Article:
Herman found that not only could the dolphins learn to follow commands up to five words long, but they were sensitive to word order. An impossible command, such as gate-fetch-hoop, would be ignored or prompt the dolphin to tap a "no" paddle, meaning the task could not be done. To show that the dolphins in some way understood what was being said, rather than responding blindly to a set signal as if doing a circus trick, Herman tested their reactions to novel and ambiguous sentences. In an experiment in which combinations of commands were tried for the first time, the dolphins reacted correctly in over 80 percent of the cases. This result was better than might be expected of a two year old human child.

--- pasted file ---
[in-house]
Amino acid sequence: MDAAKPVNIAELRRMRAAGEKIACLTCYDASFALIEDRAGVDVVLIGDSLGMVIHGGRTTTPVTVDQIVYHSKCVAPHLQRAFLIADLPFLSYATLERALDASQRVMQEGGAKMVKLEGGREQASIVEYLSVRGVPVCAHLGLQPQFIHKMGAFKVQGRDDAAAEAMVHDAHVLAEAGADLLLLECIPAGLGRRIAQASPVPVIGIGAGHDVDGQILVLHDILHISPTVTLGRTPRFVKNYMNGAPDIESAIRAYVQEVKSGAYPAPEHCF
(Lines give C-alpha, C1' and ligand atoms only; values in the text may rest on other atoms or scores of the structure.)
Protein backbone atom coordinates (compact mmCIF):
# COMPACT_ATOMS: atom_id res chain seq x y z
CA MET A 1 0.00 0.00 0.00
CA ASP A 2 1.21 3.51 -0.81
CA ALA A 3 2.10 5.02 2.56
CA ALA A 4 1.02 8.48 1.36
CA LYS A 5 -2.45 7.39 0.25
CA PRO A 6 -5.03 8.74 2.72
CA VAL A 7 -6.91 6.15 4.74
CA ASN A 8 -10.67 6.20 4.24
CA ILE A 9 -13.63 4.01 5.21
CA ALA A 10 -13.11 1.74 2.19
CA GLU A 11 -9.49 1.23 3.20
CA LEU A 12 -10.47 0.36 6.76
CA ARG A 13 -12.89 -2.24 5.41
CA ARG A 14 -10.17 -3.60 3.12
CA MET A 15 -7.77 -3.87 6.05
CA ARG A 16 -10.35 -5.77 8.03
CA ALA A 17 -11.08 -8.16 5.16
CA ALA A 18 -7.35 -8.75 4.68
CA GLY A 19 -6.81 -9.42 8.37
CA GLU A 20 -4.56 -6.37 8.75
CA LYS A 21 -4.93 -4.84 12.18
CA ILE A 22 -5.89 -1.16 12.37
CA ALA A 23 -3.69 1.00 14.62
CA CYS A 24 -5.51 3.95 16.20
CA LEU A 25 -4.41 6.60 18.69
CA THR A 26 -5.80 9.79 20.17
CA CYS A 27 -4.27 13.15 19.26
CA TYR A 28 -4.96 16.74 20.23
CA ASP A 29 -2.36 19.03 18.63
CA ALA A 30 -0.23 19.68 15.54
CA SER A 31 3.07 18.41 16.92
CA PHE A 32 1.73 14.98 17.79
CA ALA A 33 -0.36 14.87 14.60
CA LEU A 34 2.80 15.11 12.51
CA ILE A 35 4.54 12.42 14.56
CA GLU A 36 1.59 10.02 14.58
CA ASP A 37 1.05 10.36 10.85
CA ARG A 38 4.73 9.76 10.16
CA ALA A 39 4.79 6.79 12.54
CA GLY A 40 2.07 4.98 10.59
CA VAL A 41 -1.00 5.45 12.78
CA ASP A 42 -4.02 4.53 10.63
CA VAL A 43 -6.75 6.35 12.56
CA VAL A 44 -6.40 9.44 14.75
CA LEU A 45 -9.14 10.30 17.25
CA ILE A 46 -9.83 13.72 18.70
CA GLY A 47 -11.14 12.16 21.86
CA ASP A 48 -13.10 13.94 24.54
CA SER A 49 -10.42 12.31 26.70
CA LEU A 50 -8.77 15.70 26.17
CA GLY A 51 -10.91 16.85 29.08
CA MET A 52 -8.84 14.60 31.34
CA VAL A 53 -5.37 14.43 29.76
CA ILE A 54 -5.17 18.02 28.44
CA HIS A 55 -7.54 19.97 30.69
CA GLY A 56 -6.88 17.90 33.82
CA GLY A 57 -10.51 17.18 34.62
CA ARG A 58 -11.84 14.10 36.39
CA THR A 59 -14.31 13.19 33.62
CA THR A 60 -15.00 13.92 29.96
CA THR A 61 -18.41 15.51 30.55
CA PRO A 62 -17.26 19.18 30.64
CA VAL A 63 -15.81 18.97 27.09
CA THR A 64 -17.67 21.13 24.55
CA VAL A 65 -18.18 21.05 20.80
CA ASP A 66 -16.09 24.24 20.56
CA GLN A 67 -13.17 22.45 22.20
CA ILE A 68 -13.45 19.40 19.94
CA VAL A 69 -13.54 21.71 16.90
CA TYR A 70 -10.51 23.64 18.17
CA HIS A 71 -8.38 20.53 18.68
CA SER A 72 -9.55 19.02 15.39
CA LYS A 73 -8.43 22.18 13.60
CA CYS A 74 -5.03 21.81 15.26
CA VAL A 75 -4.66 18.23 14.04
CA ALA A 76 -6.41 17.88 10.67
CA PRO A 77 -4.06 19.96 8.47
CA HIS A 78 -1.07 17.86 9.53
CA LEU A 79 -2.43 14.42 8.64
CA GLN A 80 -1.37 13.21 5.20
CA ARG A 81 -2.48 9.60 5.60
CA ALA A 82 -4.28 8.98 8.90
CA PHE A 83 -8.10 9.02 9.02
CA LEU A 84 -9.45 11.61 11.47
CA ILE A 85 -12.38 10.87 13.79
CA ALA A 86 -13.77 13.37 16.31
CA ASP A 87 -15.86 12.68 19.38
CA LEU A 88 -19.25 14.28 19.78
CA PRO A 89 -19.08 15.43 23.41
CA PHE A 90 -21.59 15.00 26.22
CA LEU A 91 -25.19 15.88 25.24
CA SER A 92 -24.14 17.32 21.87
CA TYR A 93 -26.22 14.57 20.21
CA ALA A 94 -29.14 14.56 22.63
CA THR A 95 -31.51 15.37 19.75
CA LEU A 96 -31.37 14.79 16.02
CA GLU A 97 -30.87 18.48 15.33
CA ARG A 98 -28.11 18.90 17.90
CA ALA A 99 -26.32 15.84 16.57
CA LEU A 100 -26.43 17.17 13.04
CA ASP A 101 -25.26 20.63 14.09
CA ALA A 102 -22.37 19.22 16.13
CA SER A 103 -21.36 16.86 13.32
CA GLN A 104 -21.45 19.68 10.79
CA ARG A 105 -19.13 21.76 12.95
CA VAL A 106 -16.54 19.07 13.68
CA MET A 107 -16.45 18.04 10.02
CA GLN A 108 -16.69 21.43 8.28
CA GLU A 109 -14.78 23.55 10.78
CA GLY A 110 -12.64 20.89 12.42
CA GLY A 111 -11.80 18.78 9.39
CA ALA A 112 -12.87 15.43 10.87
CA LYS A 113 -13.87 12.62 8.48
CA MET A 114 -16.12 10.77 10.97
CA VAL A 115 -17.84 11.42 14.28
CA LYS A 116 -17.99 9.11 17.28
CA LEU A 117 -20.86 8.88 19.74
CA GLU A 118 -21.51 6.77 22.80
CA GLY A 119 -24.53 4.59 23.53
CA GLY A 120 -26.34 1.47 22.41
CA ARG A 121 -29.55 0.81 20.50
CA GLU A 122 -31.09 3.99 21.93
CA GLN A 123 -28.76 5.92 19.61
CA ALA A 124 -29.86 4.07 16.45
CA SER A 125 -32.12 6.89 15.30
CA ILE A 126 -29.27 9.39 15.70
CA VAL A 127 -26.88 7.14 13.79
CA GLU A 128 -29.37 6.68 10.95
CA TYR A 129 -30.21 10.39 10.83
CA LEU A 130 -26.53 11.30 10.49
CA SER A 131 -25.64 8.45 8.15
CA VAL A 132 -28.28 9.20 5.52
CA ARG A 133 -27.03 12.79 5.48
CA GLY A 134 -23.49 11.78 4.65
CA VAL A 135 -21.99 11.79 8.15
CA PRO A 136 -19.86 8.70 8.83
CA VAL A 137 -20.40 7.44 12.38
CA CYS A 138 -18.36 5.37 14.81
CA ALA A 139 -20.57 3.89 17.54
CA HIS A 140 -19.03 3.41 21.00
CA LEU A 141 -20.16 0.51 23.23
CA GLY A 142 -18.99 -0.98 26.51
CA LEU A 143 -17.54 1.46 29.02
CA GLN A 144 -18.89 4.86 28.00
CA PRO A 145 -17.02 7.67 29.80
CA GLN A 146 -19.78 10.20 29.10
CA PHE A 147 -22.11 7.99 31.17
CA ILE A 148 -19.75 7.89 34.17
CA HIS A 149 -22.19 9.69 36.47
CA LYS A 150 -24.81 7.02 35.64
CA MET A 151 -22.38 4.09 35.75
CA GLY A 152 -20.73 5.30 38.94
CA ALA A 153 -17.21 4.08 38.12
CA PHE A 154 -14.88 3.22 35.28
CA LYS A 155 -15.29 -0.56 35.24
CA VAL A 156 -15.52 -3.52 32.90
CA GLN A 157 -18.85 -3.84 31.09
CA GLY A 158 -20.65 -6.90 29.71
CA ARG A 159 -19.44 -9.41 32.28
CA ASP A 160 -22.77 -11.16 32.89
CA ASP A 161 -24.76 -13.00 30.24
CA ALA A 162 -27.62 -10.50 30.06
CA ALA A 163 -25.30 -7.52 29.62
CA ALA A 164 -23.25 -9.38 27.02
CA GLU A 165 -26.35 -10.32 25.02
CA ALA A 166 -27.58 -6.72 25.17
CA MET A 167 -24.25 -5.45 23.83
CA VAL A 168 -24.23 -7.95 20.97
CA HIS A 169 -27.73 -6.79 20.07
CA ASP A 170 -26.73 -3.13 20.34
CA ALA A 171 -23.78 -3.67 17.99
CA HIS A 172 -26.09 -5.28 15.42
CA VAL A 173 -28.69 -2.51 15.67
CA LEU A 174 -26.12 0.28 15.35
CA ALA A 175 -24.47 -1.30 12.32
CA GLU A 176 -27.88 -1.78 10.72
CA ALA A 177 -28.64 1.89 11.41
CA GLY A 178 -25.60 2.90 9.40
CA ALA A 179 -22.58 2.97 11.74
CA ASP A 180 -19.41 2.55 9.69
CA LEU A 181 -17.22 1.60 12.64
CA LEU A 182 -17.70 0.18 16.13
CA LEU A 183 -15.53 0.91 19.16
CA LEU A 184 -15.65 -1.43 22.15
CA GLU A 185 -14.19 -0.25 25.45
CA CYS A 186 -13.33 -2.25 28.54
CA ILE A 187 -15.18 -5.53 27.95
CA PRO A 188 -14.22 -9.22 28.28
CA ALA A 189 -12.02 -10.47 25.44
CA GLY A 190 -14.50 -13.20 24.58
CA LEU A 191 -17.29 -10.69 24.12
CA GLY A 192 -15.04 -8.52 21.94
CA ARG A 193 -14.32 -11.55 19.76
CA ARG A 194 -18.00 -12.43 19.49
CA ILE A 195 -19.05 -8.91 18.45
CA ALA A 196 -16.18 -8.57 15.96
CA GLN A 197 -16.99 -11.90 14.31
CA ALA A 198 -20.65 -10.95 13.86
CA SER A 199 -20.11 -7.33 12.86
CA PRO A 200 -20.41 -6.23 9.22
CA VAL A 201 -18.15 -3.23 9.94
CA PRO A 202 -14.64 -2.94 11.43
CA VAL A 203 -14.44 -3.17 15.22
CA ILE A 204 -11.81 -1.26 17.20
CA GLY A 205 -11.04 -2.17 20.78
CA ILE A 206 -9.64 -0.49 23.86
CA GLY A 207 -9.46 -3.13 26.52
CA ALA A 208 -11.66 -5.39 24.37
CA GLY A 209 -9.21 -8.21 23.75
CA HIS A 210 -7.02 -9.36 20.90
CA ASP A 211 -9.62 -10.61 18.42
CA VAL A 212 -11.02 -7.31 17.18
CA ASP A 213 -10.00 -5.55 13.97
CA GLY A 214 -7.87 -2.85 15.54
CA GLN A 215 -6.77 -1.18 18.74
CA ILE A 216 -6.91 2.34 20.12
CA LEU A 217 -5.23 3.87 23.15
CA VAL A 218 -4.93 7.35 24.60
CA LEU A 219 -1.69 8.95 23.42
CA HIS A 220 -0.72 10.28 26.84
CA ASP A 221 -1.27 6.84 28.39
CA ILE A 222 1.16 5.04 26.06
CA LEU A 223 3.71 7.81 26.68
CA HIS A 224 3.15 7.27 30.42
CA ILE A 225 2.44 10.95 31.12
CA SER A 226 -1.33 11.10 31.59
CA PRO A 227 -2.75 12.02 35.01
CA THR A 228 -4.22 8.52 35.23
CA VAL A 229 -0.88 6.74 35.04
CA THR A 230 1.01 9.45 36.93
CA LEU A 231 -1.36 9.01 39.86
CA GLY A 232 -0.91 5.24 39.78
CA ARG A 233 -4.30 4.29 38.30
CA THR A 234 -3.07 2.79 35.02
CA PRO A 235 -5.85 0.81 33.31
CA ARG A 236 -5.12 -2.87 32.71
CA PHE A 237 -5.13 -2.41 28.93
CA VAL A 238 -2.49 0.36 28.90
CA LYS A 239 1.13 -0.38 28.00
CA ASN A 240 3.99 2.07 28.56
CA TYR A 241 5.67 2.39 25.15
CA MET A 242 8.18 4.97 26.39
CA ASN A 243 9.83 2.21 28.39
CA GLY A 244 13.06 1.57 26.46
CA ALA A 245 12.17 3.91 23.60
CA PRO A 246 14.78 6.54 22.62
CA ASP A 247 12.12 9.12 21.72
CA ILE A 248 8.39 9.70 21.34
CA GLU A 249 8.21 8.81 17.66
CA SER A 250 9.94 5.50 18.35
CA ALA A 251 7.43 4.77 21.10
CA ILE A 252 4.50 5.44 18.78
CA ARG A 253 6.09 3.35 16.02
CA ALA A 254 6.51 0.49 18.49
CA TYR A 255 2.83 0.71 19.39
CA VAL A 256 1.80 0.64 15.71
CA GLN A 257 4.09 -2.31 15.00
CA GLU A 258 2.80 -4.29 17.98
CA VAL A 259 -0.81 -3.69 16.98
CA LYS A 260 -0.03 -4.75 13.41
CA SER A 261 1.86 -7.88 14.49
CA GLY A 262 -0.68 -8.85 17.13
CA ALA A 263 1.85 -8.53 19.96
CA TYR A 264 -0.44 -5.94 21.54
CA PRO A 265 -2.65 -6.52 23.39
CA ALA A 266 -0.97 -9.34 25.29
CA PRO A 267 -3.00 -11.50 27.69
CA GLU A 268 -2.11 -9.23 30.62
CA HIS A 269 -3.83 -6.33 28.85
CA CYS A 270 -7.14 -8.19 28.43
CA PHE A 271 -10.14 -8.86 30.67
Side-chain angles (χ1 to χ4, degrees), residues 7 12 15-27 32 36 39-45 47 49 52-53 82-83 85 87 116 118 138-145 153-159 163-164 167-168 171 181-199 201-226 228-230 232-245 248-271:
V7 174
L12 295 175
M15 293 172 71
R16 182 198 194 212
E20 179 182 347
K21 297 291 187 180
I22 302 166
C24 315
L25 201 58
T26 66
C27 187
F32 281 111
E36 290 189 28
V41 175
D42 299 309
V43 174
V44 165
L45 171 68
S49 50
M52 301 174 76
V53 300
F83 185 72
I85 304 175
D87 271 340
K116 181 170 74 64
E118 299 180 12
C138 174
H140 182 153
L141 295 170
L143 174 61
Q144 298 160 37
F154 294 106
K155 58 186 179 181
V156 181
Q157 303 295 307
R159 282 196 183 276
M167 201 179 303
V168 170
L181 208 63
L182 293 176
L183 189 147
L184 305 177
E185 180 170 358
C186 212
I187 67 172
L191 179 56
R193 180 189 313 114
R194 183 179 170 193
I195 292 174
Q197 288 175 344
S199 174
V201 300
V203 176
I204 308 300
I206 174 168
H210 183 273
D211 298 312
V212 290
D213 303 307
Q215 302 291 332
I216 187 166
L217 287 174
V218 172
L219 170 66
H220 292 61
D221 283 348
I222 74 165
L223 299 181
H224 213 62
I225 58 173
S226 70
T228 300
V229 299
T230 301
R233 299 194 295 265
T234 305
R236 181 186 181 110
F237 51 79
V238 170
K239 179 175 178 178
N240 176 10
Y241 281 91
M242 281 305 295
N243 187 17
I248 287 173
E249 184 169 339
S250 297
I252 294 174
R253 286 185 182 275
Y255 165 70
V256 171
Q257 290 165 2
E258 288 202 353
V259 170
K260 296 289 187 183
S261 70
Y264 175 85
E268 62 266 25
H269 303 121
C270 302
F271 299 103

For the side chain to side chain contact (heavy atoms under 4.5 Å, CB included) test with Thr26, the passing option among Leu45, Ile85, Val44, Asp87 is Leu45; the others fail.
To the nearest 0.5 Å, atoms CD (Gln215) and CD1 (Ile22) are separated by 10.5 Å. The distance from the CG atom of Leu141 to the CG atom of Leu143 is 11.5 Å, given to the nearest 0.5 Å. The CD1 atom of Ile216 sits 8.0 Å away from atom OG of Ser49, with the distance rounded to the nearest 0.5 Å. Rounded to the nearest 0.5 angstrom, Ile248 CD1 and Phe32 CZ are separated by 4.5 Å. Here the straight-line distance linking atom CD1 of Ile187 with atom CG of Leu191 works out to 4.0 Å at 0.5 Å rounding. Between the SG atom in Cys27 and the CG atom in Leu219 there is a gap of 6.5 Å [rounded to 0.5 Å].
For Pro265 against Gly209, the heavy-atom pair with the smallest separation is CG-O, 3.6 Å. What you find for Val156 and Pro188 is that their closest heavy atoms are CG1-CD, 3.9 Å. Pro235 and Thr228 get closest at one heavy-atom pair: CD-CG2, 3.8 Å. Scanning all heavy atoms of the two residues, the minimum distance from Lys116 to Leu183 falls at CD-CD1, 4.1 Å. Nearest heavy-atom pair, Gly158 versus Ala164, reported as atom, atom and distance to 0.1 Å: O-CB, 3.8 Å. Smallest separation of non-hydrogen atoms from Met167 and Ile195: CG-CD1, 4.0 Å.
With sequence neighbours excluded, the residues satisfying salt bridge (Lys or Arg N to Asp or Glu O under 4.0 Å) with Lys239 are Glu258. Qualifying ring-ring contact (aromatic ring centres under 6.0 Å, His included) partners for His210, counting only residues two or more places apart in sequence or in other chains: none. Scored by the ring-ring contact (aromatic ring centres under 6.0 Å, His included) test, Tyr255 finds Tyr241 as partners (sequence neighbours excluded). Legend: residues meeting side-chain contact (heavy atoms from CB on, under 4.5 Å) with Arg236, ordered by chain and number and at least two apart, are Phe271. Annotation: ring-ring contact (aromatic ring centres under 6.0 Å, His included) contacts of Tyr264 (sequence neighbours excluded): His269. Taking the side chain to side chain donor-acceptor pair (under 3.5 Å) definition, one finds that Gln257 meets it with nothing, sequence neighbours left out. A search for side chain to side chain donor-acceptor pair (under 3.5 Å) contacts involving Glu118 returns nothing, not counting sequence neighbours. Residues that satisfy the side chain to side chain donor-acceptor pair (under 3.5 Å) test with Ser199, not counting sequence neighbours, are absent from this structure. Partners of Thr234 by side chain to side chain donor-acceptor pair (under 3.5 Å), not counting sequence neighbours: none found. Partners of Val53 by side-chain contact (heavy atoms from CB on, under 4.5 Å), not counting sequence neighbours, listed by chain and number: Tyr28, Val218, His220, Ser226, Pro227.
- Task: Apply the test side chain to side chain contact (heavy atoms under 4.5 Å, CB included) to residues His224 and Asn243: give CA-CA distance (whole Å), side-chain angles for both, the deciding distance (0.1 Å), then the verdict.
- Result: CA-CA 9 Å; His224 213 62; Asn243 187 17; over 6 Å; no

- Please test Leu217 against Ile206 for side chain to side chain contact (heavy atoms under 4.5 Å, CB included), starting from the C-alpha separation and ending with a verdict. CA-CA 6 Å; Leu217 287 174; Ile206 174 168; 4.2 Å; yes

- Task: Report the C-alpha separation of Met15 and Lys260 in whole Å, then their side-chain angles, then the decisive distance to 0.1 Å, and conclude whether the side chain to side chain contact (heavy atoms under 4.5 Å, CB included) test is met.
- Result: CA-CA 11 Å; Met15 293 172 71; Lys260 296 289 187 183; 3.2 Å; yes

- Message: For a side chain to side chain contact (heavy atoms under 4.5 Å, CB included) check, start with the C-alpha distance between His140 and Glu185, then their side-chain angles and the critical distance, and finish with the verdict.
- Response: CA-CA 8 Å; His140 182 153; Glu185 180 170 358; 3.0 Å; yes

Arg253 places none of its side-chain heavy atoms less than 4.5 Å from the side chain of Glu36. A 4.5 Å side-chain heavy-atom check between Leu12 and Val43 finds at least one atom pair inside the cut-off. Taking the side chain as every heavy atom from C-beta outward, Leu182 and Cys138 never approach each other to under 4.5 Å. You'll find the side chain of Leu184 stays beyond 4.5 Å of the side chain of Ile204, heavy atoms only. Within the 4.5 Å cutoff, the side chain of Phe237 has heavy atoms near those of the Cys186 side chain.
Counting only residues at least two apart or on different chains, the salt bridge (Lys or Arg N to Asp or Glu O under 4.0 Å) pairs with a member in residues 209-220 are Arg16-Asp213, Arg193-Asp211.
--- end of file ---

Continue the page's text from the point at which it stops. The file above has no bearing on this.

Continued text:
Of more interest were some of the creative responses made by the dolphins when asked to do something puzzling. A running stream from a hose had been named "water" and Herman tried the apparently impossible command of "water-toss" on the dolphins. Both animals independently came to the same solution of swimming over to the jet and jerking their heads through it, sending a spray of water flying. Another time, Ake was asked to put a ball in a basket when the ball happened to be already in it. The dolphin went over, took the ball out, then dunked it straight back in again. "A lot of people try to minimise the thinking abilities of animals but these results show that dolphins are capable of some kind of mental representation. Words can have a real meaning for them," Herman argues.